Greenland is mulling independence. While enjoying wide autonomy within the Kingdom of Denmark with its own parliament since 2009,. Greenland still faces two serious economic problems standing on its way to full-fledged sovereignty, namely the need to make itself less dependent on financial assistance from Copenhagen ($620 million), and reduce its overdependence on revenues from shrimp and halibut fishing.
These two problems are closely intertwined. Greenland is a world leader in terms of per capita volume of marine resources, with 25 percent to 50 percent of its working-age population engaged in fish and seafood production, which account for at least 87 percent of the island’s exports, 89 percent of which go to Denmark.
Greenland’s lopsided economy is unable to fully ensure the islanders’ financial viability as almost half of the local government’s social expenses are subsidized by Denmark.
With the island’s foreign, defense and economic policy being steered by Copenhagen, the only way to diversify the local economy is to expand foreign economic activity and develop additional industries. The Greenlandic authorities believe that the involvement of foreign partners could help develop the local mining sector, but they are hamstrung by Denmark, which has a final say in choosing such partners.
The Greenlandic government in Nuuk (the capital of Greenland) sees the export of land resources as holding the economic key to the island’s future independence, with China viewed as the most promising partner willing to develop the local mining and transport sectors (1).
China sees itself as a "Near-Arctic State" (2) and its experts believe that the emergence of an independent Greenland on the world map over the next decade is a likely prospect (3).
Nuuk and Beijing have reached an agreement on China upgrading the airports in Nuuk, Ilulissat and Qaqortoq and the development of the Kvanefjeld deposit with an estimated 200,000 tons of uranium ore.
However, this gives rise to a certain contradiction between the right to use land resources granted to Greenland by Copenhagen, and Denmark’s right to determine the island’s defense policy. Meanwhile, Nuuk and Copenhagen are trying to figure out whether proposed uranium mining and airport modernization by Chinese investors is economic or defense-related. (4)
Greenland has a strategic importance as a source of rare earth metals and a gateway to the Arctic. Denmark remains an Arctic power as long as it owns Greenland. Therefore, in its effort to enlist US support, Copenhagen emphasizes that Greenland is part of the North American continent.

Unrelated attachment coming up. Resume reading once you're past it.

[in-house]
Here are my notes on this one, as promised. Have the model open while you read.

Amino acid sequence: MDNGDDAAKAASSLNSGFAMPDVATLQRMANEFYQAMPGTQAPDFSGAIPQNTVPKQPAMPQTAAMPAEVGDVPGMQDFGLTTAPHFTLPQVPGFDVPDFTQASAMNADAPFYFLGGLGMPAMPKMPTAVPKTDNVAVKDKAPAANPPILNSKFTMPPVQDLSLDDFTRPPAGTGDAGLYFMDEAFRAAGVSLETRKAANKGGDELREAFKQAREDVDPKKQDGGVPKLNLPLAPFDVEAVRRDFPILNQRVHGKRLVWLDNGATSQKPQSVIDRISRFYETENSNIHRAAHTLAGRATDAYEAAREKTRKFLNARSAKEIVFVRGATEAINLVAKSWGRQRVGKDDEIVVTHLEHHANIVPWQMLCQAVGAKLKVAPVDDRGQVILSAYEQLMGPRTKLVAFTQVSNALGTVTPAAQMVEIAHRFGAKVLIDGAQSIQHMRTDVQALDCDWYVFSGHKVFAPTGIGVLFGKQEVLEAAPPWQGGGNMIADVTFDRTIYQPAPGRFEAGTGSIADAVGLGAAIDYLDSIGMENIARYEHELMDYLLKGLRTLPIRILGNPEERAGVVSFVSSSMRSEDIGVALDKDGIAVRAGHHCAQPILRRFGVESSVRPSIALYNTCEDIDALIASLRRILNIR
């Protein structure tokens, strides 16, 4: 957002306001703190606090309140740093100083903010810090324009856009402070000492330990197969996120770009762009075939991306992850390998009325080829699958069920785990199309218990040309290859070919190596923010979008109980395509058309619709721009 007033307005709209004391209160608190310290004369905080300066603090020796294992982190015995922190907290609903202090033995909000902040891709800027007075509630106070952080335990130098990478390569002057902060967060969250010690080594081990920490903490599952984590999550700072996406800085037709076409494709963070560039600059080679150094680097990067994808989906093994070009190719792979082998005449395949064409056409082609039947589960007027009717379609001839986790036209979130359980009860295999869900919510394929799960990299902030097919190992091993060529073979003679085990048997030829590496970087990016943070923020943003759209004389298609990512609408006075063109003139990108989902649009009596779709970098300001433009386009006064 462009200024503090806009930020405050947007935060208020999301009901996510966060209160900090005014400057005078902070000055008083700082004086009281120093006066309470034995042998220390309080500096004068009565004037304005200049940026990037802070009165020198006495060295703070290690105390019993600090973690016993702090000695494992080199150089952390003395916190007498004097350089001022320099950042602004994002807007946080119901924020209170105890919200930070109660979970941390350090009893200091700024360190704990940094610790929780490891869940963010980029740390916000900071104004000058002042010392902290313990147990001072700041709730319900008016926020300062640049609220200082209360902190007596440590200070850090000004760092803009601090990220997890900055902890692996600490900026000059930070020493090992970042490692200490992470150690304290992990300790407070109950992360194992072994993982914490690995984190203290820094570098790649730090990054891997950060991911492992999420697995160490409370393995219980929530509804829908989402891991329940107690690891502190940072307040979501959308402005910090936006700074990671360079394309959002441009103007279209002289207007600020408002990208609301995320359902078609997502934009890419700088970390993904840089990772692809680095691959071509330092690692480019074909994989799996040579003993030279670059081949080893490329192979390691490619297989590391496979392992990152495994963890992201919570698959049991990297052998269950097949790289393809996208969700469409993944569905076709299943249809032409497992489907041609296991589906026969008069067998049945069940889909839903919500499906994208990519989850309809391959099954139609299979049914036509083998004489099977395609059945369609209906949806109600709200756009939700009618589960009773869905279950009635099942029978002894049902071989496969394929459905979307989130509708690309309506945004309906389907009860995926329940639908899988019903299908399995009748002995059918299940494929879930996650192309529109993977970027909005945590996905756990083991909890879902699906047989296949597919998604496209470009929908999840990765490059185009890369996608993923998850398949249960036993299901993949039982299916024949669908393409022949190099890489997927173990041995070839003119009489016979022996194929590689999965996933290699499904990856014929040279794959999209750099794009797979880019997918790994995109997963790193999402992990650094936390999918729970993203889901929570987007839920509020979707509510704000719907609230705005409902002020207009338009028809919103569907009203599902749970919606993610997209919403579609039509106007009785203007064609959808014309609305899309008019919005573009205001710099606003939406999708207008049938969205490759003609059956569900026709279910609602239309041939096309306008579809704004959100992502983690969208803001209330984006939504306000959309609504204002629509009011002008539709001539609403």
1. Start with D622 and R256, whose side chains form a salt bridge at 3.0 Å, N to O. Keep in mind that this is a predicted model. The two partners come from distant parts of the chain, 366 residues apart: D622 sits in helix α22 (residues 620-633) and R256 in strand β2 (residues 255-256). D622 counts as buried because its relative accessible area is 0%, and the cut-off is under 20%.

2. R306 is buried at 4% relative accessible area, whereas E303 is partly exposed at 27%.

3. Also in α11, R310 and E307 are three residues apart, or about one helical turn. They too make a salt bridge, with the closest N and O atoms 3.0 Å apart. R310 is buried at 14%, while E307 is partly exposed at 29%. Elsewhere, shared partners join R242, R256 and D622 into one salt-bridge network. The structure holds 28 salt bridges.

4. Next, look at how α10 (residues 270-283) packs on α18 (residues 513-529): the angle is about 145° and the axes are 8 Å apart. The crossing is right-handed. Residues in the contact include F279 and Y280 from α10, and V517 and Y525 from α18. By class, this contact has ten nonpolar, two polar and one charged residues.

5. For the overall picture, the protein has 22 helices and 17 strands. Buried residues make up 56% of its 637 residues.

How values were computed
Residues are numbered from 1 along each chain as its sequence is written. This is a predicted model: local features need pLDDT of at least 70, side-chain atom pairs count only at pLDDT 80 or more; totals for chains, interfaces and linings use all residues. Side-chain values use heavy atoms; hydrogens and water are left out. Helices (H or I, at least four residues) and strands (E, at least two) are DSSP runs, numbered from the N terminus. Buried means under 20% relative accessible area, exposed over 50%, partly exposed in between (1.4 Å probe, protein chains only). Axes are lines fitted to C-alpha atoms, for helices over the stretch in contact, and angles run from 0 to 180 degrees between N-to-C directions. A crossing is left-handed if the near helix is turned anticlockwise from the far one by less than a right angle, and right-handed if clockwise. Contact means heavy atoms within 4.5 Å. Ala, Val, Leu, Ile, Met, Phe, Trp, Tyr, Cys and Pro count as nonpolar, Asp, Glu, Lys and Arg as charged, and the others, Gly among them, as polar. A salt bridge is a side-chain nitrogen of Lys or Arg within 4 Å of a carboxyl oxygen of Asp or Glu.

Greenland is built into Washington’s security architecture as an element of perimeter defense, which, besides Greenland proper, also includes Canada. Washington’s 1948 offer to buy Greenland for $100 million (declined by Denmark) underscores the island’s geopolitical significance for the United States.
Denmark’s sovereignty over Greenland ensures the security of the northeastern flank of the United States and Canada, while simultaneously allowing Canada to “break free” from US “encirclement,” which facilitates the US-Canadian dialogue on Arctic-related issues and strengthens Ottawa’s negotiating position. While officially favoring Denmark’s continued sovereignty over Greenland, Washington may still be mulling, albeit tacitly, the possibility of interacting with the authorities of the would-be independent Greenland. In the latter case, Washington hopes that, unable to establish full-fledged law enforcement agencies of its own, the local government in Nuuk would entrust its defense to the Pentagon.
Just like Iceland, whose defense capability is guaranteed by NATO, Greenland could eventually gravitate towards rapprochement with or even membership of NATO. This prospect will hardly sit well with Canada, which wants to expand its footprint in the Arctic and would hate to see the emergence of competitors building up ties with Greenland as a pretext for their presence in the region.
Advocates of Greenland’s independence favor the introduction of military conscription in the coast guard, rescue services and patrol units. However, even if, taking cue from Denmark where 0.43% of the population serves in the army, Greenland calls up a similar number of conscripts, its armed forces will still not exceed 250 people. Therefore, the lack of a defense-demographic potential is seen as a serious hurdle on the way to the island’s hypothetical independence.
That being said, the clock is still ticking in favor of Greenland’s eventual independence from Denmark, with global warming accelerating ice loss on the island, opening ice-free areas to potential mining projects.
Greenland is also important in terms of meteorological studies as the island’s climate impacts weather forecasting in Europe, the United States and Canada.
This means that foreign countries may want to use weather monitoring as well as the study of climate change and its impact on Arctic ecology, flora and fauna as a pretext for their presence on the island.
The views of the author may not necessarily reflect the position of the Editorial Board.
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